Effect of viscosities of dispersed and continuous phases in microchannel oil-in-water emulsification

K.C. van Dijke, I. Kobayashi, C.G.P.H. Schroën, K. Uemura, M. Nakajima, R.M. Boom

Research output: Contribution to journalArticleAcademicpeer-review

73 Citations (Scopus)

Abstract

Although many aspects of microchannel emulsification have been covered in literature, one major uncharted area is the effect of viscosity of both phases on droplet size in the stable droplet generation regime. It is expected that for droplet formation to take place, the inflow of the continuous phase should be sufficiently fast compared to the outflow of the liquid that is forming the droplet. The ratio of the viscosities was therefore varied by using a range of continuous and dispersed phases, both experimentally and computationally. At high viscosity ratio (eta (d)/eta (c)), the droplet size is constant; the inflow of the continuous phase is fast compared to the outflow of the dispersed phase. At lower ratios, the droplet diameter increases, until a viscosity ratio is reached at which droplet formation is no longer possible (the minimal ratio). This was confirmed and elucidated through CFD simulations. The limiting value is shown to be a function of the microchannel design, and this should be adapted to the viscosity of the two fluids that need to be emulsified.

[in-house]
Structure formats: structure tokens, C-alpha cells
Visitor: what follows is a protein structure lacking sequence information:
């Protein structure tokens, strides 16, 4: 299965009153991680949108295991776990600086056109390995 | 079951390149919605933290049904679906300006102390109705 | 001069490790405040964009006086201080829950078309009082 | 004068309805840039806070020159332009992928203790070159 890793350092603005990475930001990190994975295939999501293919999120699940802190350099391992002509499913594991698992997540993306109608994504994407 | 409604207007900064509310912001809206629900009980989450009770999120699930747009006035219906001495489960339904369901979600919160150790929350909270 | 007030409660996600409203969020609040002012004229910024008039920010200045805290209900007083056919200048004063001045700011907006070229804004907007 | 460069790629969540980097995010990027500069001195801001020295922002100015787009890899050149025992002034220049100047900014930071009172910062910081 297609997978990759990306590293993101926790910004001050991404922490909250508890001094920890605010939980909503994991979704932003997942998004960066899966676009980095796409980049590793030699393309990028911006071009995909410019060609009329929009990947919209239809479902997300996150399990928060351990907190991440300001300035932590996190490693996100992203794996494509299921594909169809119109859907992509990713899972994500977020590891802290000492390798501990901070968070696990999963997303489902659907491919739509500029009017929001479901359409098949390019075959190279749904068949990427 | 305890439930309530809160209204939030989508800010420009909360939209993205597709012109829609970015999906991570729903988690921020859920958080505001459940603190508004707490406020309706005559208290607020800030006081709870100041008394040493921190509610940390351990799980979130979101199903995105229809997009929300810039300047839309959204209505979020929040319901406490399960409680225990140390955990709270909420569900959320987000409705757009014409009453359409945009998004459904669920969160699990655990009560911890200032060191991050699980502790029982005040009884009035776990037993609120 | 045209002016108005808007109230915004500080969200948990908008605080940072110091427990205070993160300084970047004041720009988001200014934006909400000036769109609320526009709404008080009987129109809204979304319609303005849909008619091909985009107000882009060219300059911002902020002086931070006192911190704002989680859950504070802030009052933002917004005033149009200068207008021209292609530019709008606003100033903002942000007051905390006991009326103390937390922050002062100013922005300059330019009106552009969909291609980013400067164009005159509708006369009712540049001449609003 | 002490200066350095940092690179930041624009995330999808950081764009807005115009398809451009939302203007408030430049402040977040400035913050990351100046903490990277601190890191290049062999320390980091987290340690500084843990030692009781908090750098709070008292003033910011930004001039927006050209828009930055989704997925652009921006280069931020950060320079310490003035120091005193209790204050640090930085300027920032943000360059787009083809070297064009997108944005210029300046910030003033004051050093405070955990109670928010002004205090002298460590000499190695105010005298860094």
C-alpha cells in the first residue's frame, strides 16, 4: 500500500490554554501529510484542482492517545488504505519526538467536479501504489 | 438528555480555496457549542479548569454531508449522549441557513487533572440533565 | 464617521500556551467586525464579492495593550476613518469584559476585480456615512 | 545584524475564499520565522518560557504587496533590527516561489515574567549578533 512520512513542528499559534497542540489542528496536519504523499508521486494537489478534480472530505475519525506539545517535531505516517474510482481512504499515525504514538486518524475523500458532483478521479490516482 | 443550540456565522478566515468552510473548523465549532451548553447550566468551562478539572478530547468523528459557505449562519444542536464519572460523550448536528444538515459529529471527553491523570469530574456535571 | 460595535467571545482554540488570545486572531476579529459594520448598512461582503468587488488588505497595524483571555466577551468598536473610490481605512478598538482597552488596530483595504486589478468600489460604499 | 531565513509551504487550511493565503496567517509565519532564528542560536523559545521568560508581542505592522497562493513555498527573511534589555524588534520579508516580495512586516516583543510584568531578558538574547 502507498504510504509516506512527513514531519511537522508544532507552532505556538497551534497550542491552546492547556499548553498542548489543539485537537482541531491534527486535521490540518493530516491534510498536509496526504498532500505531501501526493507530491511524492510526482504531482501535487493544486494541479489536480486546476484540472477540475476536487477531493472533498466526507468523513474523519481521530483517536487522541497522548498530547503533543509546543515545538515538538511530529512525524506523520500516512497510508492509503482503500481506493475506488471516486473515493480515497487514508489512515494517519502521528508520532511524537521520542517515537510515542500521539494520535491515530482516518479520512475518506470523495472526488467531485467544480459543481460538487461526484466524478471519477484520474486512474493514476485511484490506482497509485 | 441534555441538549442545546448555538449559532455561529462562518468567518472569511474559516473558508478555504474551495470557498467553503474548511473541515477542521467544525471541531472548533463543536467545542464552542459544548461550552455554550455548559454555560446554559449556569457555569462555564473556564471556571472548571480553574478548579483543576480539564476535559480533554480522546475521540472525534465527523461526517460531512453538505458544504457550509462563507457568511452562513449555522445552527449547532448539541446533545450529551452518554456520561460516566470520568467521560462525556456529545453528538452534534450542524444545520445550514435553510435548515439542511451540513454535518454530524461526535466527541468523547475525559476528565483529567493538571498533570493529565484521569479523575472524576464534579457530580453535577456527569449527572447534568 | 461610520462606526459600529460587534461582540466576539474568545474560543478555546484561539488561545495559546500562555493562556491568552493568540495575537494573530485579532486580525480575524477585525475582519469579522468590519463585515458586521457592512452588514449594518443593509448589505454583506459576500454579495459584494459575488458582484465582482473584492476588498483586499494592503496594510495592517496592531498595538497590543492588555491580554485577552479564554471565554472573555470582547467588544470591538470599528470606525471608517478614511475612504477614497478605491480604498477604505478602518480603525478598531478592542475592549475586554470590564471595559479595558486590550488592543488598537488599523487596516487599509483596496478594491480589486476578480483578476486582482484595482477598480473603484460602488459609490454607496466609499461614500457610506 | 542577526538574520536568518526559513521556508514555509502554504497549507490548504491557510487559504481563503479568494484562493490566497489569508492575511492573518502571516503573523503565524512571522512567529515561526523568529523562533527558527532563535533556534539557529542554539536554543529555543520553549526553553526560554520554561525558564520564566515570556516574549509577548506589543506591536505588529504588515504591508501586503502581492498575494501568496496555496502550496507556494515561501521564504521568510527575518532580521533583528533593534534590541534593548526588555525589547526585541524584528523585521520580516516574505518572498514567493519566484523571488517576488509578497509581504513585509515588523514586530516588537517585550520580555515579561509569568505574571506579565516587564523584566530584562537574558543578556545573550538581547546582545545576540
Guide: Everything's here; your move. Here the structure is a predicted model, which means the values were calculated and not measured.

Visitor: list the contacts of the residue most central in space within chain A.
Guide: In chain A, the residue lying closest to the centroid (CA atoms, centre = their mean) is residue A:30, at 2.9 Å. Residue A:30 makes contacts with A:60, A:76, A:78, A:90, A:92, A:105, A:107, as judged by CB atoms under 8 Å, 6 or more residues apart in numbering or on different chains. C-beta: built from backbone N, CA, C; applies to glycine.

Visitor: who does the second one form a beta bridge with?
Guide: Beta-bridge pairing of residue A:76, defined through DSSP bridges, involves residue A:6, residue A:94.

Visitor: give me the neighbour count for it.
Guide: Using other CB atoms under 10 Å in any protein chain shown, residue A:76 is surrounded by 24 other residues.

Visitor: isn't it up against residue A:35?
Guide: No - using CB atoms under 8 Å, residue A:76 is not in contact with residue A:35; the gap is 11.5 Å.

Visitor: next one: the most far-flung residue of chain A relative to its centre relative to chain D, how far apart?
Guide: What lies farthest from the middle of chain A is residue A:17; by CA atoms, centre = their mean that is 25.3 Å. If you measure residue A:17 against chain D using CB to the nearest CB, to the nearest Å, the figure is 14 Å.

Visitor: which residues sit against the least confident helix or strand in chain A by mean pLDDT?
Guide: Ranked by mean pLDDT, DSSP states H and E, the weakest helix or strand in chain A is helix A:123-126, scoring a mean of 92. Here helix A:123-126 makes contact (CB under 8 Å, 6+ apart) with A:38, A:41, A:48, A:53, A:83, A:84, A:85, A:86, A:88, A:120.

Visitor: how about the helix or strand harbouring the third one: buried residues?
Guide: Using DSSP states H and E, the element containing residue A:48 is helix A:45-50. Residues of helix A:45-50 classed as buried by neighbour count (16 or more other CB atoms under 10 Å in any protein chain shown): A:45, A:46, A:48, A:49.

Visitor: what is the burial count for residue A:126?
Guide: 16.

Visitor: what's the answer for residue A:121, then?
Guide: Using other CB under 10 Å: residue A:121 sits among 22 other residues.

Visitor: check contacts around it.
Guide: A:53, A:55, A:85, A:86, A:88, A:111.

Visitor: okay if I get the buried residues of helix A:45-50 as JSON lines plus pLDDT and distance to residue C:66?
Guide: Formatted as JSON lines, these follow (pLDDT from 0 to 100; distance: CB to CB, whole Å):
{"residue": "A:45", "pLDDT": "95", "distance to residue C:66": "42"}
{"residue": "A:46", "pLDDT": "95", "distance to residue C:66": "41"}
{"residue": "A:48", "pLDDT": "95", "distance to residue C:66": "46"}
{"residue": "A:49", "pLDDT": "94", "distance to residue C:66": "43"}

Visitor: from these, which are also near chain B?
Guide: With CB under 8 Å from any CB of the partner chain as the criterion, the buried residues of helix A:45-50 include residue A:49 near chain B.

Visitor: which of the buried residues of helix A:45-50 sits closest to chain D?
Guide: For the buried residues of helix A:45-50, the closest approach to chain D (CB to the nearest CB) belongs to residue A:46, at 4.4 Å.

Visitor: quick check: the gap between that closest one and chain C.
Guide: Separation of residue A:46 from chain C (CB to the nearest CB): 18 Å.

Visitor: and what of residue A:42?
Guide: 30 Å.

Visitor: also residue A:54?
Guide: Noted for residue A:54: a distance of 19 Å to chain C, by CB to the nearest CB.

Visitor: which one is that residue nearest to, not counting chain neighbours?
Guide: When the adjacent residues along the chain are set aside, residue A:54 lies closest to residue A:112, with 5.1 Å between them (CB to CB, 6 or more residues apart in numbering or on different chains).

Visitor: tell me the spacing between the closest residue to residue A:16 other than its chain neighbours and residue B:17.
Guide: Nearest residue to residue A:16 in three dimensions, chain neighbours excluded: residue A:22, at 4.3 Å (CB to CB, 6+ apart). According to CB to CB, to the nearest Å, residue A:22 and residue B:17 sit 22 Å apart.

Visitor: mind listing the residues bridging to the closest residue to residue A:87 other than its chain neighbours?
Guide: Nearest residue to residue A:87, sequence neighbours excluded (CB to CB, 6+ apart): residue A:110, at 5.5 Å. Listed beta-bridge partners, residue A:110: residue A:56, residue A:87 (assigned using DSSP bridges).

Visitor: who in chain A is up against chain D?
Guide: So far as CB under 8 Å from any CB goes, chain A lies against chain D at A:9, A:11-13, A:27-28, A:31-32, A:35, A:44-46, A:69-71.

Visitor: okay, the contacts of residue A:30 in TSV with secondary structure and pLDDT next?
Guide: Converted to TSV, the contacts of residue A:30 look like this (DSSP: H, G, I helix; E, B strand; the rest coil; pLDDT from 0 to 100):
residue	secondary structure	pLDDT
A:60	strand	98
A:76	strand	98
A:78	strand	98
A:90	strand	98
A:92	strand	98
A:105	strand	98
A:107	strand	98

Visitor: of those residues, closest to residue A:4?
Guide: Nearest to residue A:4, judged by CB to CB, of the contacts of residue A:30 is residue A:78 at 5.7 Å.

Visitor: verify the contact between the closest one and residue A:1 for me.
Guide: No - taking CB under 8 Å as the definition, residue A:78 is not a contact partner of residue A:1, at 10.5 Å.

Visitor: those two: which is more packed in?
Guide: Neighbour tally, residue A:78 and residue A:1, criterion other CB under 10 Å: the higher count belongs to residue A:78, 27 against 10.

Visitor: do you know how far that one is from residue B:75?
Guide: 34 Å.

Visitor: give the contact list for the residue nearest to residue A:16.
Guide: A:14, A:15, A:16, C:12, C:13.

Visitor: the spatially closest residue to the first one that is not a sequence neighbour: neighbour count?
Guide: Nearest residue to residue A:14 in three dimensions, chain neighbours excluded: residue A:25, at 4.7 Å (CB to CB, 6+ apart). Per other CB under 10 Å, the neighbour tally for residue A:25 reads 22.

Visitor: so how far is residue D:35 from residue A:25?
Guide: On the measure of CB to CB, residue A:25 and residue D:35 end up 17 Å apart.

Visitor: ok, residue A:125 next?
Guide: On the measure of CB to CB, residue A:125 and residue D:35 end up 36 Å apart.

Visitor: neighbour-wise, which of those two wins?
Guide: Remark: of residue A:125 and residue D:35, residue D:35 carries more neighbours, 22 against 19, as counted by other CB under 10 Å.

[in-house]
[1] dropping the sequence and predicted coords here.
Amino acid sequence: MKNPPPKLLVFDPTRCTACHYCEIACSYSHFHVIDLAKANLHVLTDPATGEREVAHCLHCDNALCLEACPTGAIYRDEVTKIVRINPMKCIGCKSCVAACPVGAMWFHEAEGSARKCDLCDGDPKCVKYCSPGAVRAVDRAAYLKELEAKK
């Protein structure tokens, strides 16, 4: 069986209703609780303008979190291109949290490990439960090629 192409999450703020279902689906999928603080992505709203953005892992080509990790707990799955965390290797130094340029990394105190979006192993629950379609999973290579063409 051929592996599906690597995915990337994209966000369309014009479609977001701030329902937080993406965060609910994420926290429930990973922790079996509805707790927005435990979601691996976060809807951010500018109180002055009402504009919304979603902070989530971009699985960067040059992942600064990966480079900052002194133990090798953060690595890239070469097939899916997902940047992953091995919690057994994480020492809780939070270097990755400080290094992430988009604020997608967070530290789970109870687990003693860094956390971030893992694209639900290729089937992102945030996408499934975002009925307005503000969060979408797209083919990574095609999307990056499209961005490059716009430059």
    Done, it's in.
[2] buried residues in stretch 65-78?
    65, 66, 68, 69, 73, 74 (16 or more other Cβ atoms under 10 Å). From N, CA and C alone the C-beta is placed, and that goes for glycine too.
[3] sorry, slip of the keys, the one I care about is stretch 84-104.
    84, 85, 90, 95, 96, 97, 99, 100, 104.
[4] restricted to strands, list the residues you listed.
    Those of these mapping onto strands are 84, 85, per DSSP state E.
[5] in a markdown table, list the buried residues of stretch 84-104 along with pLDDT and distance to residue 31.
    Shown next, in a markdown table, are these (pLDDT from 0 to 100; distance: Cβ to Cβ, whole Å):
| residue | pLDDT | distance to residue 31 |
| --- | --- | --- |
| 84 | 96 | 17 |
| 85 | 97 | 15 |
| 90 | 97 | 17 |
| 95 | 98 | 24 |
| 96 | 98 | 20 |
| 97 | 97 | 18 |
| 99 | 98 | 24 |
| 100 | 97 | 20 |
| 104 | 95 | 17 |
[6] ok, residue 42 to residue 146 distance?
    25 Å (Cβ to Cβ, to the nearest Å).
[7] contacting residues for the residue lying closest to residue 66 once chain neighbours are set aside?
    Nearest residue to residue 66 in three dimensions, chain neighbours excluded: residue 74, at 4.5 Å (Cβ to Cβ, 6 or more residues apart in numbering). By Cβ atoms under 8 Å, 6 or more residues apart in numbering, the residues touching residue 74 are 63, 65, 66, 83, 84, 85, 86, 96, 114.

Original languageEnglish
Pages (from-to)77-85
JournalMicrofluidics and Nanofluidics
Volume9
Issue number1
DOIs
Publication statusPublished - 2010

Keywords

  • droplet formation
  • membrane emulsification
  • silicon plate
  • model
  • generation
  • emulsions
  • junction
  • bubbles
  • device
  • array

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